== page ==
A pair of historical fiction novels from before the turn of the millennium are on the menu this morning on the Literary Horizon, taking us from New Orleans to Roman-occupied Britain.
The Feast of All Saints by Anne Rice
In the days before the Civil War, there lived in New Orleans the gens de couleur libre – copper-skinned half-casts, liberated by their owners, but confined by their color to a life of political nonexistence and social subordination. Still, an aristocracy would emerge in this society: artist, poets, and musicians, plantation owners, scientists and craftsmen whose talents and reputations would extend far beyond the limits of their small world.
Mega-selling author Anne Rice’s probing, lyrical style sweeps us into their midst as she introduces Marcel, the sensitive, blue-eyed scholar, Marie, his breathtakingly beautiful sister, whose curse is to pass for white; Christophe, novelist and teacher, the idol of all young gens and stunning Anna Bella, whose allure for the well-to-do white man would become legend.
Here is a compelling and richly textured tale of a people forever caught in the shadows between black and white.
Anne Rice is a lot of things, but she knows New Orleans and its history. Part of the charm of The Vampire Chronicles is watching the vampires interact with New Orleans as it grows into the New Orleans of our time. I’ve never read anything that’s not supernatural by Rice, so I thought The Feast of All Saints would be quite interesting–instead of vampires exploring good and evil, we get to see into a strange and unique world that, thankfully, can never come about again. That’s exactly what I read historical fiction for!
Reviews are difficult to find, due to the book being at least thirty years old, so I’ve turned to the masses. The customers on Barnes & Noble find it a very interesting novel, although a few costumes disliked it because they dislike Rice’s flowery style. I’ve read her work and liked her style, for the most part, so I think I’m in the clear. The costumers on Amazon have much the same opinion–interesting subject material, but Rice’s style can be slow-going. A reviewer does note that stream-of-consciousness, my old nemesis, is used–but I think I’ll brave the waters for the fascinating subject.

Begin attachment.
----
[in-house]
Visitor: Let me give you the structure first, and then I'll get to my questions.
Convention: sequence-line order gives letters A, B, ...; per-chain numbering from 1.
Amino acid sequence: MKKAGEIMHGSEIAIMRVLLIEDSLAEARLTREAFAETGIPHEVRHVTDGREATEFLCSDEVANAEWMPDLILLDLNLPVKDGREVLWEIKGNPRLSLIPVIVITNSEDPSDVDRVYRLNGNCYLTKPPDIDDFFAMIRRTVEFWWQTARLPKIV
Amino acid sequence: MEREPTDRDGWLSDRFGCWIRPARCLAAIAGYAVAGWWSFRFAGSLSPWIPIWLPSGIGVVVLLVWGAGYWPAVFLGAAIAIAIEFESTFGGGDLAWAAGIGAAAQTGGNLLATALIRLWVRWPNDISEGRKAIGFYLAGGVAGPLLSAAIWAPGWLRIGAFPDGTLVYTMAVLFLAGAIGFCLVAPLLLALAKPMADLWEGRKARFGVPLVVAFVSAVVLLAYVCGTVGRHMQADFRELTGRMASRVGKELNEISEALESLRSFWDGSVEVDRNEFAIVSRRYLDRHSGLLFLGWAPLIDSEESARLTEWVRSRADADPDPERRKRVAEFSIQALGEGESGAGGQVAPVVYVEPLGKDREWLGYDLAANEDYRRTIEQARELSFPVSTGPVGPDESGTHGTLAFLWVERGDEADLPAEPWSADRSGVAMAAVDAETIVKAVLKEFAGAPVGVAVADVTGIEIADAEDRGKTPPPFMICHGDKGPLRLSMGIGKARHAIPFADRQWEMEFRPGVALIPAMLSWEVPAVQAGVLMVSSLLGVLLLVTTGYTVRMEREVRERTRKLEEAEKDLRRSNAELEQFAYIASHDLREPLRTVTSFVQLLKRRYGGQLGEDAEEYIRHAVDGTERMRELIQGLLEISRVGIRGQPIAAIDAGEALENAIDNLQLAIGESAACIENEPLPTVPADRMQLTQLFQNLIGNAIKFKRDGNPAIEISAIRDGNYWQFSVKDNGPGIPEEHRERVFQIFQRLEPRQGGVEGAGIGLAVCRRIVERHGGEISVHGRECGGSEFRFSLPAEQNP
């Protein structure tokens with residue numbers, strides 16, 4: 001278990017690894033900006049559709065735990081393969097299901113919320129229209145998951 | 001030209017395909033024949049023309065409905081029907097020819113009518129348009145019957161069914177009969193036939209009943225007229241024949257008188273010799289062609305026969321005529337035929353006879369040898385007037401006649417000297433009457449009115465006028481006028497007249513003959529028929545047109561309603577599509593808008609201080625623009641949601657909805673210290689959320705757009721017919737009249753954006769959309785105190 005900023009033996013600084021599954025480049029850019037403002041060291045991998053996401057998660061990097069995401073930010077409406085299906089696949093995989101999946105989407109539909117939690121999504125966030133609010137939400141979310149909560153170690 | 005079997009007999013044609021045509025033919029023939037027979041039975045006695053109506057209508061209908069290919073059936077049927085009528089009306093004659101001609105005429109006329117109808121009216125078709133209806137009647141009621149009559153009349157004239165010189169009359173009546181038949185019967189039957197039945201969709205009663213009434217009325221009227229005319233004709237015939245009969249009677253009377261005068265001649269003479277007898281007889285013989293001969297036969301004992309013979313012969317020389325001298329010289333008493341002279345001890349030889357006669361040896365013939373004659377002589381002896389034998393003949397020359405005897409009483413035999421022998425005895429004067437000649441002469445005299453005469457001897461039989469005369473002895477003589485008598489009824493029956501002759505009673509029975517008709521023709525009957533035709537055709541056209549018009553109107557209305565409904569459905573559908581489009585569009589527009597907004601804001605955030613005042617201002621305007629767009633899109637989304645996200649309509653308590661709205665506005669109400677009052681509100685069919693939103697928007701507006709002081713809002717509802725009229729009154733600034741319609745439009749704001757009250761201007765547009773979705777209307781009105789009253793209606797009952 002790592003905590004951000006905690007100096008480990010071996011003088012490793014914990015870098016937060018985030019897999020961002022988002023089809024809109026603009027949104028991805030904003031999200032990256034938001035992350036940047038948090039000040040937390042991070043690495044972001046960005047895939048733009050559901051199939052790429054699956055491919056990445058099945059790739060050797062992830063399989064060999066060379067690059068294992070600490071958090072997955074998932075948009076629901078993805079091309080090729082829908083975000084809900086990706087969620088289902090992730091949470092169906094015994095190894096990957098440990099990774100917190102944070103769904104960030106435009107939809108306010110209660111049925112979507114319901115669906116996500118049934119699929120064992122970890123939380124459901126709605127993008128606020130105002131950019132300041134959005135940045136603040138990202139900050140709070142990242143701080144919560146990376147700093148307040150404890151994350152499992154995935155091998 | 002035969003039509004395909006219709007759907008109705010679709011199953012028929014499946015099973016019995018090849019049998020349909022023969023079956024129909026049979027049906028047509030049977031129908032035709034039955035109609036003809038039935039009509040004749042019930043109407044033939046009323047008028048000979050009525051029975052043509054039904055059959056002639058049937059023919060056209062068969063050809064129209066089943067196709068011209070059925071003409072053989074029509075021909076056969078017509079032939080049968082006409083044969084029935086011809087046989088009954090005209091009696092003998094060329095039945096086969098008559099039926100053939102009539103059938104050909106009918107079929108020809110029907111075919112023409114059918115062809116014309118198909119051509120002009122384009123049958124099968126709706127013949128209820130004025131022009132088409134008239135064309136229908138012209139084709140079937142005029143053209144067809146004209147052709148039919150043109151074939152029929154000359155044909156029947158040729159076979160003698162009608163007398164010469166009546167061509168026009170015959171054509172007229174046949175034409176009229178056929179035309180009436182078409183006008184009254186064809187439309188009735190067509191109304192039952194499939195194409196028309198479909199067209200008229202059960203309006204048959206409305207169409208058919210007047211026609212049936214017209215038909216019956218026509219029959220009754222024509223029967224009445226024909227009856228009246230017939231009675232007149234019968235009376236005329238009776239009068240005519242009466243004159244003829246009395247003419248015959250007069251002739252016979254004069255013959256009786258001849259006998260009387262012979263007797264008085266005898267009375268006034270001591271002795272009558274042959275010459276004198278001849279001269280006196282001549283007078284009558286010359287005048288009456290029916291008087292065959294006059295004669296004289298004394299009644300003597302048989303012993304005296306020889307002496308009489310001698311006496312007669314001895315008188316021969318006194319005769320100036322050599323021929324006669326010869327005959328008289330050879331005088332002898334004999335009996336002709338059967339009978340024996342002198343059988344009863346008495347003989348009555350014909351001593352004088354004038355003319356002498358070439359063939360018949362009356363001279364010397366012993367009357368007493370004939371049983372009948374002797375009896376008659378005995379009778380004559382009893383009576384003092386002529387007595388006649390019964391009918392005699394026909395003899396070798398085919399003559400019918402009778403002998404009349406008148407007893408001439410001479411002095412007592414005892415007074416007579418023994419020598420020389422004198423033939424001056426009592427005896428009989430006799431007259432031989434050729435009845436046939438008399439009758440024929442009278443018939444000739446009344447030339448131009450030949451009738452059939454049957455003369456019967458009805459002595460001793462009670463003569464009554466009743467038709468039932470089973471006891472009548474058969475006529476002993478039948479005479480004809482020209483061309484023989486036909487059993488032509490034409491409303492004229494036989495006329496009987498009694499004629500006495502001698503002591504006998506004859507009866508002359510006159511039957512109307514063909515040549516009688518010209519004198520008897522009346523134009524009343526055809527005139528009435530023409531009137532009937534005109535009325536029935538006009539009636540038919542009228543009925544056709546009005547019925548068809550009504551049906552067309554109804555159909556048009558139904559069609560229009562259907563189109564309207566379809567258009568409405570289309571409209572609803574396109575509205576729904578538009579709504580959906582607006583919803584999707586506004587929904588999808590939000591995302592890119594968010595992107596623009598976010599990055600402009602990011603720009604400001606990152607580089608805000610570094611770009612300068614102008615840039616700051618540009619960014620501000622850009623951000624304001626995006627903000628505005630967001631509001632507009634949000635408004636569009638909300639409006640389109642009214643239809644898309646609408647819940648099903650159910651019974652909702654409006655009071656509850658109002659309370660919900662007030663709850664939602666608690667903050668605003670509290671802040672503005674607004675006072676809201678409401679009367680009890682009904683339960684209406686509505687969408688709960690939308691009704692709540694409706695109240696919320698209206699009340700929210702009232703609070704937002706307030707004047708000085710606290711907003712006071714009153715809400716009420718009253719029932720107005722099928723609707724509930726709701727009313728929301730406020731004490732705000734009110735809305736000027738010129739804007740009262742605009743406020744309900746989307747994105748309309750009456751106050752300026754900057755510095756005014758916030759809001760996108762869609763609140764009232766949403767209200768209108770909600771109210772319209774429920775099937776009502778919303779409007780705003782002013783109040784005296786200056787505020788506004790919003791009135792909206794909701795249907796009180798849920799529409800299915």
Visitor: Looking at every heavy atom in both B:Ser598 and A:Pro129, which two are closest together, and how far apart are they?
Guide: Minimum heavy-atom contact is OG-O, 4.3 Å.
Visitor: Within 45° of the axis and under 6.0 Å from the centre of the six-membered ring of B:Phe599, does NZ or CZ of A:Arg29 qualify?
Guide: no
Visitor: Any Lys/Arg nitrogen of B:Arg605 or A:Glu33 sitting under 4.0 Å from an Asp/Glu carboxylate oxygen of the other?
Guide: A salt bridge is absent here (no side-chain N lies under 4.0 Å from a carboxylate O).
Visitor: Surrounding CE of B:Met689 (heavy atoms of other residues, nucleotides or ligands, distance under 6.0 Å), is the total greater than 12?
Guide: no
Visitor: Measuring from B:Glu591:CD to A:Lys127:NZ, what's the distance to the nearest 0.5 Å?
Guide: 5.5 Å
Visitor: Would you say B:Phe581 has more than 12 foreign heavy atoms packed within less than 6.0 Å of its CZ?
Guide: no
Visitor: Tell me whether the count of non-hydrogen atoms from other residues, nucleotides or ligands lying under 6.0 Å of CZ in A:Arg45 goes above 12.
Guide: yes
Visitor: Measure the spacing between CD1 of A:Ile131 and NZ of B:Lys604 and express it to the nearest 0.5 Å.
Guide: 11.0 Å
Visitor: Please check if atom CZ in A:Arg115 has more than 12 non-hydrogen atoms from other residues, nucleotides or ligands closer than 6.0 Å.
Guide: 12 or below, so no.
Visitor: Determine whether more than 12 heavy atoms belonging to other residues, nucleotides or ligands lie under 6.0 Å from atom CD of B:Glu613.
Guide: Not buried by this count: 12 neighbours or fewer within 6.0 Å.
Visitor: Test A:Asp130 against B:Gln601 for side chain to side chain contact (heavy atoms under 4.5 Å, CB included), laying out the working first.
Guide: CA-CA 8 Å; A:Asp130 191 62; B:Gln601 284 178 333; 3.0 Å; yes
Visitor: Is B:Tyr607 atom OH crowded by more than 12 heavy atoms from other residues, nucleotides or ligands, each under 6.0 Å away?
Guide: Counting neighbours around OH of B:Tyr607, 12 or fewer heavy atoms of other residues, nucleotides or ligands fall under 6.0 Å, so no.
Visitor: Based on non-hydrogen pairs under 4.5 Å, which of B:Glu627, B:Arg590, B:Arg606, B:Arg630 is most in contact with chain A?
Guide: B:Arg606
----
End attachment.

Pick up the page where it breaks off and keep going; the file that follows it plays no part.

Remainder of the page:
The Feast of All Saints was released on January 16th, 1980.
The Skystone by Jack Whyte
Everyone knows the story-how Arthur pulled the sword from the stone, how Camelot came to be, and about the power struggles that ultimately destroyed Arthur’s dreams. But what of the time before Arthur and the forces that created him?
How did the legend really come to pass?
Before the time of Arthur and his Camelot, Britain was a dark and deadly place, savaged by warring factions of Picts, Celts, and invading Saxons. The Roman citizens who had lived there for generations were suddenly faced with a deadly choice: Should they leave and take up residence in a corrupt Roman world that was utterly foreign, or should they stay and face the madness that would ensue when Britain’s last bastion of safety for the civilized, the Roman legions, left?
For two Romans, Publius Varrus and his friend Caius Britannicus, there can be only one answer. They will stay, to preserve what is best of Roman life, and will create a new culture out of the wreckage. In doing so, they will unknowingly plant the seeds of legend- for these two men are Arthur’s great-grandfathers, and their actions will shape a nation . . . and forge a sword known as Excalibur.
I’ve read retellings of the Arthurian legends that involve Romans before–the fabulous Sword at Sunset comes to mind immediately–but this intrigues me by starting way before most Arthurian legends do. It’s also the start of a series, and I’ve been told that the Merlin found in later novels is just as amazing as Morgaine from The Mists of Avalon. I, of course, cannot start a series anywhere but the beginning, so The Skystone called to me when a later book in the series was recommended to me.
Grasshopper at The Bookshelf Reviews loved it, but noted that it wasn’t as action-oriented as their usual diet and that there were hints that the upcoming novels added a splash of fantasy into the mix. Daphne at Tanzanite’s Shelf and Stuff, however, noted that the beginning involves so much action she had to push herself to get through it! She did like it, though, especially the detail of the writing. It sounds to me like a hearty helping of action mixed with historical fiction (and a little bit of fantasy for flavoring), so I think it’ll deliver the goods.
The Skystone was released on October 15, 1996.